Cherish it, she now did, out of long familiarity and deep significance. She had hated it at first—hated it the moment she heard the story of the owner’s last request, just as she had hated that owner for a long time.
But do I hate her now? No, but I have a problem. A personal problem.
She clutched it more tightly in frustration. She wanted to slam her fist against the dresser, but the walls were paper-thin; someone might hear and ask what the trouble was. She wanted to be undisturbed. Her hands trembled. She had hated Odessa Silverberg with a cruel passion. Perhaps the woman didn’t deserve it, but she had been so… selfish… no, not selfish. Infuriating. It was the only word. Odessa hadn’t been wrong, admittedly, but she hadn’t been right either. She had meddled with so many people’s lives. She had dragged a peaceful dove into the thick of war. The Liberation War, the Jowston invasion, the Highland invasion… even now they conducted another bloodbath as a result of Odessa’s interference. Because she had taken a peaceful spirit and trussed it with guilt and forced it to fight. Damn it, I don’t have a brother, so I don’t know. If I did, would I treat him that way? Apple was not a natural peacekeeper. She tried to act with compassion—tried her hardest—but she had never been made for a quiet life. They told us that at Soledt, the very first day. We are not made for peace. We are made for war. Were they wrong? Did Mathiu hear that too, as he was growing up? Did they lie to us, or did they underestimate the soul of that bloodied dove?
She had known generally kind people and generally cruel people, but she had only known one person she would have called unequivocally good. He was dead now, because his sister had pulled him right into the line of fire, and that same strong conscience that made him love peace would not let him refuse to join the war. He was dead and never coming back. He could never teach anyone how to see his light, because he was gone now… gone because of her. All right, Apple was angry, but… but…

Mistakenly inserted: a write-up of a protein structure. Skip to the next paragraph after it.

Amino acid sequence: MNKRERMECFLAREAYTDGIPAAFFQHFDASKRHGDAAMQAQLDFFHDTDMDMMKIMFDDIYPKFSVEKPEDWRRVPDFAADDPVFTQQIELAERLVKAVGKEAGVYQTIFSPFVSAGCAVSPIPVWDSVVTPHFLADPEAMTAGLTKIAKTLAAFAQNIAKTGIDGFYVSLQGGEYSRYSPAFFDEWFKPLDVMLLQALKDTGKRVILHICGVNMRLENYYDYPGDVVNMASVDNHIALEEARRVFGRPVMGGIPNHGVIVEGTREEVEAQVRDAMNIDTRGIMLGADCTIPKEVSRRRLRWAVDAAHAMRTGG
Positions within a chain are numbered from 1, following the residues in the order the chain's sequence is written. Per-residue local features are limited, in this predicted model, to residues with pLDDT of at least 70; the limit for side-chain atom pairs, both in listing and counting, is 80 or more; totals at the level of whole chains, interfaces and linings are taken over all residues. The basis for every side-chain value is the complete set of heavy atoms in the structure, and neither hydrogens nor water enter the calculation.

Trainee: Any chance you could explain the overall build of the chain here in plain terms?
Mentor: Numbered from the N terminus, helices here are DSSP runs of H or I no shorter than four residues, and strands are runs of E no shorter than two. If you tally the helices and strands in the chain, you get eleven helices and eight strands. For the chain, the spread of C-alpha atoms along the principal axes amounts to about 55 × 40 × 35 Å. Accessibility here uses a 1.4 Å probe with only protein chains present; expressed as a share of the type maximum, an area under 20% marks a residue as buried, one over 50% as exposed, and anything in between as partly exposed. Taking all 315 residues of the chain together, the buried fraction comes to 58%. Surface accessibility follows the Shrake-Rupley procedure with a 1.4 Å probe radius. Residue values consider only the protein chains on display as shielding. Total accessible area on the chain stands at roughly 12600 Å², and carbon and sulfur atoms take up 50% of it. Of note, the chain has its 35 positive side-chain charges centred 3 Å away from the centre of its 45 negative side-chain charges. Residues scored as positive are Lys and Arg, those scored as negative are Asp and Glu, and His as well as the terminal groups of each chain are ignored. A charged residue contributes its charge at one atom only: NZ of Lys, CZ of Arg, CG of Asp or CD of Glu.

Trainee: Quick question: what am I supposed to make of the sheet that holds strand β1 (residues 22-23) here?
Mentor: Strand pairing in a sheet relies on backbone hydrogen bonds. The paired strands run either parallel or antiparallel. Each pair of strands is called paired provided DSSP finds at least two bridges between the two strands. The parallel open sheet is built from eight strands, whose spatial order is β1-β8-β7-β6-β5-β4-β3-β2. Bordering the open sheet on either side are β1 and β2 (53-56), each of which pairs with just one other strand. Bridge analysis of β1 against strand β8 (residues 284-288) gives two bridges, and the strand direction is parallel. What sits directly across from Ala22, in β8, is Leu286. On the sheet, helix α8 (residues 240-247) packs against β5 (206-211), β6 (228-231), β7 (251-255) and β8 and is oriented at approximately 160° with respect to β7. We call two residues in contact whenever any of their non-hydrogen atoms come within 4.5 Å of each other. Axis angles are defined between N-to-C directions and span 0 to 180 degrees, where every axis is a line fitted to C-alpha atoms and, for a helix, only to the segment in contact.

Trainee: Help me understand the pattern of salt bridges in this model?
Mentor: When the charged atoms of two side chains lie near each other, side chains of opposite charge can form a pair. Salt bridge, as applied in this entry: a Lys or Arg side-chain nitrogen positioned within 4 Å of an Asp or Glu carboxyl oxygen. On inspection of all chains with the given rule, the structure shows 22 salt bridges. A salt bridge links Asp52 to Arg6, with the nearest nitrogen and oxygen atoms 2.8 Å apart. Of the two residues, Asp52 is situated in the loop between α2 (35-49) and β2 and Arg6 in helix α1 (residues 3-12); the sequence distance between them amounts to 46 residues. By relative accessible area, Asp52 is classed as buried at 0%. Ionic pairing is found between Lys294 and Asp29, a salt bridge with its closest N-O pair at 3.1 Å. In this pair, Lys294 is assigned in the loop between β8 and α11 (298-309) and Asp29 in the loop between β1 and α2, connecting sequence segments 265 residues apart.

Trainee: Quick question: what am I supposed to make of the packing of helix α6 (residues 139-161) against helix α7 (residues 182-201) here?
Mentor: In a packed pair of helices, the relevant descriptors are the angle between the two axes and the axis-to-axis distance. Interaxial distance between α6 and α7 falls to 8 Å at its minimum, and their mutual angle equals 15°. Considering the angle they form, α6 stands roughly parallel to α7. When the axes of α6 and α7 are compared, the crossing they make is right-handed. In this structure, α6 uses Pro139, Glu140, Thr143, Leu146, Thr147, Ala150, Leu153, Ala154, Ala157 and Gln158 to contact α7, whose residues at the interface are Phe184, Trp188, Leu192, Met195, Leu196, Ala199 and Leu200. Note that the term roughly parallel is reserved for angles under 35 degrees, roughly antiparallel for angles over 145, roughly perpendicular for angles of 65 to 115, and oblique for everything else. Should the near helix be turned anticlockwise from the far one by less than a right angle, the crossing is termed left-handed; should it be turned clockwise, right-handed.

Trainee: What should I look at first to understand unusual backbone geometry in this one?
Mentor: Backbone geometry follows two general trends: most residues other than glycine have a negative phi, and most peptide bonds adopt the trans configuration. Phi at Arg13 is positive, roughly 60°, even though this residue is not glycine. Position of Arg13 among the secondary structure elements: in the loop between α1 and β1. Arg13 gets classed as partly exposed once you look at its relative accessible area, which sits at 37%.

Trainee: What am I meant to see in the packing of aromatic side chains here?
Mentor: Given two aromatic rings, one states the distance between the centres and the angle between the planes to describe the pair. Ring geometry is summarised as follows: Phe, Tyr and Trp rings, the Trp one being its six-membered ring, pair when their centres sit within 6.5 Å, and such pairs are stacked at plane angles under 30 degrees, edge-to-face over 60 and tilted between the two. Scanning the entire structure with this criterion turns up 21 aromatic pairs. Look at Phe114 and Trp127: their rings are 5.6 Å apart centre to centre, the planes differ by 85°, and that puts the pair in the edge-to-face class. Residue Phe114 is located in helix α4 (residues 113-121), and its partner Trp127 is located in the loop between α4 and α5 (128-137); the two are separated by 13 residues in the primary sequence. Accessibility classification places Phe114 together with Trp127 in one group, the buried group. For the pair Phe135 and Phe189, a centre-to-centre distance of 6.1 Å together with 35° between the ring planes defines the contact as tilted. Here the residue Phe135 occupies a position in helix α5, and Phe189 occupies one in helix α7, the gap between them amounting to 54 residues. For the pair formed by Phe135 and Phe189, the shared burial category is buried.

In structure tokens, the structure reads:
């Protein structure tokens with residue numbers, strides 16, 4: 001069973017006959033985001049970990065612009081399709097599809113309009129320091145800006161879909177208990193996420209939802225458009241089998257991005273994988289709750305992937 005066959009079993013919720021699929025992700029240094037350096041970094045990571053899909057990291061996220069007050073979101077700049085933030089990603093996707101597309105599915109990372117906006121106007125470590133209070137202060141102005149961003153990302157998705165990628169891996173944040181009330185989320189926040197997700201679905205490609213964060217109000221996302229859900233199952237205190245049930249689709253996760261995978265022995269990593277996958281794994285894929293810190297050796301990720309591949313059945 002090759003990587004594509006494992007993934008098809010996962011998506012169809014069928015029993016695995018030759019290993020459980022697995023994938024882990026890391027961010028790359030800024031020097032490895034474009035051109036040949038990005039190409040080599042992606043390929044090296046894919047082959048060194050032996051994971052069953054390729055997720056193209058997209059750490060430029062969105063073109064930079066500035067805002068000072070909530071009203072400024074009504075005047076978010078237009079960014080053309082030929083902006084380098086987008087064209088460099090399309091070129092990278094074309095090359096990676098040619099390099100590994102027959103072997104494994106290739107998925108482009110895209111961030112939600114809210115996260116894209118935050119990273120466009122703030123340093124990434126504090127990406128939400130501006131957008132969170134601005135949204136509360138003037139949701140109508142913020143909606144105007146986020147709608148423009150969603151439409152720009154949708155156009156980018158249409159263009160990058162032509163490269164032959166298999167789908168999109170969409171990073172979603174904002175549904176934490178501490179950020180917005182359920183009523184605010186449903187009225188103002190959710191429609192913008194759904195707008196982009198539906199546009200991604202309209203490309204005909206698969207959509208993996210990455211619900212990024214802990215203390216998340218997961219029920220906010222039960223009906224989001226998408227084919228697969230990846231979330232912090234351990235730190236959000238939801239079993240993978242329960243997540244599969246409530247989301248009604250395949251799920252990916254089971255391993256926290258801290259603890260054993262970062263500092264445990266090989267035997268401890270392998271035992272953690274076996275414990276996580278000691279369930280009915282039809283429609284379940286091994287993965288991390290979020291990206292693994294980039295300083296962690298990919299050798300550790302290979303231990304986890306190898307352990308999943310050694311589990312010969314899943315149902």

But was it really at Odessa? The woman had not been selfish; Apple had to concede that much. She had only been making a sacrifice for what she thought was right. That was why she didn’t deserve hatred. And Mathiu had said… he had said he was “saved” by Odessa. Somehow, her beliefs had helped even Mathiu see something he had not yet seen. Infuriating though the whole matter was, it wasn’t Odessa causing the problem. Apple had known this for a while, and yet… when she thought of Leon, she thought of the family troubles… If I am not as highborn as a Silverberg, at least I can live my life without Mathiu being angry at me. The thought made her laugh again despite, or because of, her pain.
No, she thought in a moment when her heart felt almost free of sorrow. I’m not upset with Odessa. Perhaps I’m upset that I never had the chance to see in her what Mathiu did. Perhaps it’s just that Odessa was part of the light I never could glimpse, the light I’m still struggling to see. I don’t understand any of it; I missed all that mattered. If I could talk to her, ask her what she thinks—but I can’t, any more than I can talk to Mathiu, now. All the passageways are blocked. I’m caught in darkness, scrabbling for the light.
She looked down at the familiar earring, the target of so much of her hate and hope and sorrow and memory. Perhaps she should just put it away. She packed it back inside the box and closed the lid tightly, trying to close it on her heart as well. It wasn’t doing her any good to sit here and wail in silent pain. Shu would be upstairs, now, working… he would say something vaguely sympathetic-sounding, and change the subject… he would scorn her if he knew how great her pain was; Mathiu’s opinion had meant so little to him… oh, if he would only understand. She wondered whether she could change his mind. Perhaps he could never understand… or perhaps he could… but how could she show him that light when the source was gone?
Oh, Master Mathiu, please, please, guide me… oh, if only you were here. Tears welled up and tingled along the rims of her eyes. She blinked carefully and put fingers to her eyes beneath her glasses, rubbing them, trying to withhold the tears. I must not cry. There is no use whatsoever in crying. It won’t bring anyone back. I must control myself. Damn it, if I can’t control myself, if I can’t even control my own tears, have I learned nothing? Have I learned nothing at all? I must not cry.
Do what she might, she could not staunch the flow of silent tears.